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Home Working with Section 106 ACHP Case Digest Fall 2002 Virginia: Development at Chancellorsville Battlefield, Fredericksburg
Virginia: Development at Chancellorsville Battlefield, Fredericksburg
Agency: U.S. Army Corps of Engineers
In this high-profile case, a developer proposes to construct housing and offices on a privately owned portion of the Chancellorsville Battlefield outside of Fredericksburg, Virginia. Noteworthy as the last place that Generals Robert E. Lee and Stonewall Jackson fought together, the 1863 battle was integral to protecting Fredericksburg—and its vital rail, road, and river connections—from the Union Army.
The situation illustrates the need to balance private property rights with preserving our historic past, and underscores the importance of local historic preservation efforts when Federal involvement is limited.
The Norfolk District of the Corps of Engineers is anticipating a developers request for a permit to fill wetlands on private property, to make way for a mixed residential-commercial development west of Fredericksburg, Virginia. The plan calls for approximately 2,350 houses and 2.4 million square feet of office space on about 800 acres.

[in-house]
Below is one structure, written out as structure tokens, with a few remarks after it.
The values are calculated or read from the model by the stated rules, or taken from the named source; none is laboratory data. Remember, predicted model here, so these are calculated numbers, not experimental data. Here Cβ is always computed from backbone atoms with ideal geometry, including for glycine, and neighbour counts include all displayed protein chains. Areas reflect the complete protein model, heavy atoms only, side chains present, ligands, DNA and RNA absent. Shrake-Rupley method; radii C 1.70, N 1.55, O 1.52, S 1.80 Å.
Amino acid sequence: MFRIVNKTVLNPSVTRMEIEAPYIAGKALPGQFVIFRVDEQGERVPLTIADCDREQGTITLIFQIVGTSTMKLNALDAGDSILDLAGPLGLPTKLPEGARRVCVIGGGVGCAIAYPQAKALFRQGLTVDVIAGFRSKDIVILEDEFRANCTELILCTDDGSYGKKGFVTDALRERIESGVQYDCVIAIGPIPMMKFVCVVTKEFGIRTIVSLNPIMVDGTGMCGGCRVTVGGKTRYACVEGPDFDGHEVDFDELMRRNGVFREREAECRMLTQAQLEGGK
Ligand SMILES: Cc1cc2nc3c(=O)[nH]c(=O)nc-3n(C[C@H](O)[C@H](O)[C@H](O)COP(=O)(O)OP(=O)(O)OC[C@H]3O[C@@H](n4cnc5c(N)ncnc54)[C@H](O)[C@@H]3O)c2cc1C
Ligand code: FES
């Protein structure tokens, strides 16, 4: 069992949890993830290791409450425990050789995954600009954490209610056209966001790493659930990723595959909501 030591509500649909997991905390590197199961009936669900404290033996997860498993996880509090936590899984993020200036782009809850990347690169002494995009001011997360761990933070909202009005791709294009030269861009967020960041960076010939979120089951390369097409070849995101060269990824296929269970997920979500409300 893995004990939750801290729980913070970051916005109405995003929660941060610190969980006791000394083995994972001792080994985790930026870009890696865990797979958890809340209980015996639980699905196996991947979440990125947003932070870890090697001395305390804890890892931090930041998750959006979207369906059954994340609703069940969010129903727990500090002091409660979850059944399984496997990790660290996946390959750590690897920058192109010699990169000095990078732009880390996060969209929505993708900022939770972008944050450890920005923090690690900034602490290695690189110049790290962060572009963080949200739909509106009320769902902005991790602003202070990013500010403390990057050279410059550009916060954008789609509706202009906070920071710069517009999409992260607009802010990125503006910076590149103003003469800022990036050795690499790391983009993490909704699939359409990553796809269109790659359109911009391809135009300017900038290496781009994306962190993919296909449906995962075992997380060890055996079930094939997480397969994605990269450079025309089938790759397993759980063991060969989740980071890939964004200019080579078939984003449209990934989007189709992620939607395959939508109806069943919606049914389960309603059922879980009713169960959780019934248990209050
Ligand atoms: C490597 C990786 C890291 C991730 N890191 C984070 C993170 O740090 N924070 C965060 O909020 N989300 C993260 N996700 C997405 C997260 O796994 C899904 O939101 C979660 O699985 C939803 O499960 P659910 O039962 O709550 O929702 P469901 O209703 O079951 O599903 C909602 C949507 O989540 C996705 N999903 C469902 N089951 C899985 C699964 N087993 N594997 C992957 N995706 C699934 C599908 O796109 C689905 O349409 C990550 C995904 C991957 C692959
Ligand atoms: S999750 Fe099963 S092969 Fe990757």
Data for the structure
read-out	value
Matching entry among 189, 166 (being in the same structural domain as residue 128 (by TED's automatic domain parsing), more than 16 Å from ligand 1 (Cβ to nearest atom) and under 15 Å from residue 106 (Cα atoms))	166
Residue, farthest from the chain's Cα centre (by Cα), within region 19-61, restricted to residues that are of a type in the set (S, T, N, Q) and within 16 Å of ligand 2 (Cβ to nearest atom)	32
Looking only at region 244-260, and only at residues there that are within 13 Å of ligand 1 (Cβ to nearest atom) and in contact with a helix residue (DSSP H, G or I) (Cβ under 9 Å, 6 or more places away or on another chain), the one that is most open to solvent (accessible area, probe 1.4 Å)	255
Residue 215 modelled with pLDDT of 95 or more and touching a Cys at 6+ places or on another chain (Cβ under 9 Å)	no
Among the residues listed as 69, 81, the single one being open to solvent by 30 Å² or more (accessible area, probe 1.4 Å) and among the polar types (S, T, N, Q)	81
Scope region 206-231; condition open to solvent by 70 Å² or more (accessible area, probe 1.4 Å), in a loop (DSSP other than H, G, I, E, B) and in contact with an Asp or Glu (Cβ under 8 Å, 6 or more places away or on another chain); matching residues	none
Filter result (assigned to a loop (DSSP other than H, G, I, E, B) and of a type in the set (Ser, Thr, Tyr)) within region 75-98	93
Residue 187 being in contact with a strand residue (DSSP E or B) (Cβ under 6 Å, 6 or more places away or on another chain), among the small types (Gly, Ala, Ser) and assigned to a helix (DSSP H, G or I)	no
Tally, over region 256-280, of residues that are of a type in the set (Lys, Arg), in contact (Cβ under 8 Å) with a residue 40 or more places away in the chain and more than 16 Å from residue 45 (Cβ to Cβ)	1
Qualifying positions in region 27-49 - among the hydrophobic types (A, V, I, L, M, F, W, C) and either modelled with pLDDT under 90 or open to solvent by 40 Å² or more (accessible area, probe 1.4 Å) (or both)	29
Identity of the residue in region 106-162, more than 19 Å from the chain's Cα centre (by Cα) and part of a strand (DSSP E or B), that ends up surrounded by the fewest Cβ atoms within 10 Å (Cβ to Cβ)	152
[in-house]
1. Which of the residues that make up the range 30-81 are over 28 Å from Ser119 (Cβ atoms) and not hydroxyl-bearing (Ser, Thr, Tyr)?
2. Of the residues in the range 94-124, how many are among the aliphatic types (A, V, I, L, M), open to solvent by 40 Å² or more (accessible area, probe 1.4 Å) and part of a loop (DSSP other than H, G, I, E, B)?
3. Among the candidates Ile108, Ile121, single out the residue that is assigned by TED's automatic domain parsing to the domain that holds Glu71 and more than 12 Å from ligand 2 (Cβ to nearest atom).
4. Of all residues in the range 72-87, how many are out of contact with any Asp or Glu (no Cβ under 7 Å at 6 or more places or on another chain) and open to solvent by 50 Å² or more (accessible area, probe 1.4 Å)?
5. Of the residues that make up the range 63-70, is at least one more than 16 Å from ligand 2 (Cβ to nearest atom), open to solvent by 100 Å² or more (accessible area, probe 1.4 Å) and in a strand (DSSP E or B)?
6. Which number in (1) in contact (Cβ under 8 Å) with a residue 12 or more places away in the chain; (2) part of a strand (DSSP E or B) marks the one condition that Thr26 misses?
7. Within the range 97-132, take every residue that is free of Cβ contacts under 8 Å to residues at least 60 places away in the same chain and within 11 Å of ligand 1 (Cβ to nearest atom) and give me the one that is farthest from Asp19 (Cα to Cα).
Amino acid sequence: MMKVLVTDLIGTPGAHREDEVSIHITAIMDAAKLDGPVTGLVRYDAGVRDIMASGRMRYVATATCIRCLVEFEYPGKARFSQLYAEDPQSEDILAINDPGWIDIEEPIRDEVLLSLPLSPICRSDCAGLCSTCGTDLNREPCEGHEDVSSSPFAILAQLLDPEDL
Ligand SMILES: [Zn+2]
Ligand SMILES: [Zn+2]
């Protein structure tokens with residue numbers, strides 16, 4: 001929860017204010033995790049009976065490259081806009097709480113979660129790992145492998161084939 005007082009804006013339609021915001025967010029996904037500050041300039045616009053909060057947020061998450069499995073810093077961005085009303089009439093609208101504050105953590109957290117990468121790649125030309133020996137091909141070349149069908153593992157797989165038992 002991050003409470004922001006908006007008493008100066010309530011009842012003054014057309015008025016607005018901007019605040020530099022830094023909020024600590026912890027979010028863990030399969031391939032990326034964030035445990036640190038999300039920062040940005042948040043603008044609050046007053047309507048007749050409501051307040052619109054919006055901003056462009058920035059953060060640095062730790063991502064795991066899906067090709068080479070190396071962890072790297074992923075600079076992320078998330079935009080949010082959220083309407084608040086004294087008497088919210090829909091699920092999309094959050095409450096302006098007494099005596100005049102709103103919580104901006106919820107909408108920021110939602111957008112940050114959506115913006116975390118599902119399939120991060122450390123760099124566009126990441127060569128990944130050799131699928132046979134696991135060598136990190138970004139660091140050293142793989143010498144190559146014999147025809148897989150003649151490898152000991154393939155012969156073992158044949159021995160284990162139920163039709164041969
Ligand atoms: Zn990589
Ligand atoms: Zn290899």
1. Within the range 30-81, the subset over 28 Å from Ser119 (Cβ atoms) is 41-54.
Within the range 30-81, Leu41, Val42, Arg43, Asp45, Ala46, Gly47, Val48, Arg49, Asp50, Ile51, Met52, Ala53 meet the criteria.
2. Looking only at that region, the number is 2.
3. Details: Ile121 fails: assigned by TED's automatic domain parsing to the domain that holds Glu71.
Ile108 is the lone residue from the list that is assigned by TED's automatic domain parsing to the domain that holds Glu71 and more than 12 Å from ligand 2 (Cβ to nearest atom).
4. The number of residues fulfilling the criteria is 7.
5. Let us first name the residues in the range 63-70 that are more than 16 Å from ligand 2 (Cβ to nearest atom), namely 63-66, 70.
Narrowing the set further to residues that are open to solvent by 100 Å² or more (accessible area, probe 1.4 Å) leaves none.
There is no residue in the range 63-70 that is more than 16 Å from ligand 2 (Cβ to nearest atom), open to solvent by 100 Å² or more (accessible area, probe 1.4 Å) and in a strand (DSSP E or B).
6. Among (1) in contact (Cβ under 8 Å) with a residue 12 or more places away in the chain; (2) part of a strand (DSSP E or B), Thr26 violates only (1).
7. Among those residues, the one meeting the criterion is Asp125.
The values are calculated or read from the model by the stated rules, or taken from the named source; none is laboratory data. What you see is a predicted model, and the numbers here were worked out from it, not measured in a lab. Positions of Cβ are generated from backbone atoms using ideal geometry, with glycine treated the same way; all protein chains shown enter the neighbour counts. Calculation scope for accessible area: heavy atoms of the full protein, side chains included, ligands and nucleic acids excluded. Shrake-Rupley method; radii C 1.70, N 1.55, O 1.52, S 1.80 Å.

Chancellorsville Civil War Battlefield, Fredericksburg, VA (staff photo)
The planned development is located directly where the heaviest fighting took place on the first day of battle, at Chancellorsville in 1863. The property lies along a busy corridor adjacent to one of NPSs major Civil War parks, the Fredericksburg and Spotsylvania National Military Park. The three-day battle stopped the Army of the Potomac from wresting Fredericksburg from the Confederates, and is also where General Stonewall Jackson was mortally wounded as he and General Robert E. Lee fought against Union forces.
The Coalition to Save Chancellorsville Battlefield was recently formed to protect threatened parts of the battlefield. Members include the Civil War Preservation Trust, the Central Virginia Battlefields Trust, the National Parks Conservation Association, the Spotsylvania Battlefield Education Association, the Friends of the Fredericksburg Area Battlefields, and the National Trust for Historic Preservation. The case has also garnered national media attention.
Local zoning changes are needed for the project, and public hearings
are scheduled for this purpose in October 2002. Meanwhile, ACHP awaits
further word from the Corps of Engineers on the issuance of the permit.
Staff contact: Tom McCulloch
Posted May 6, 2003
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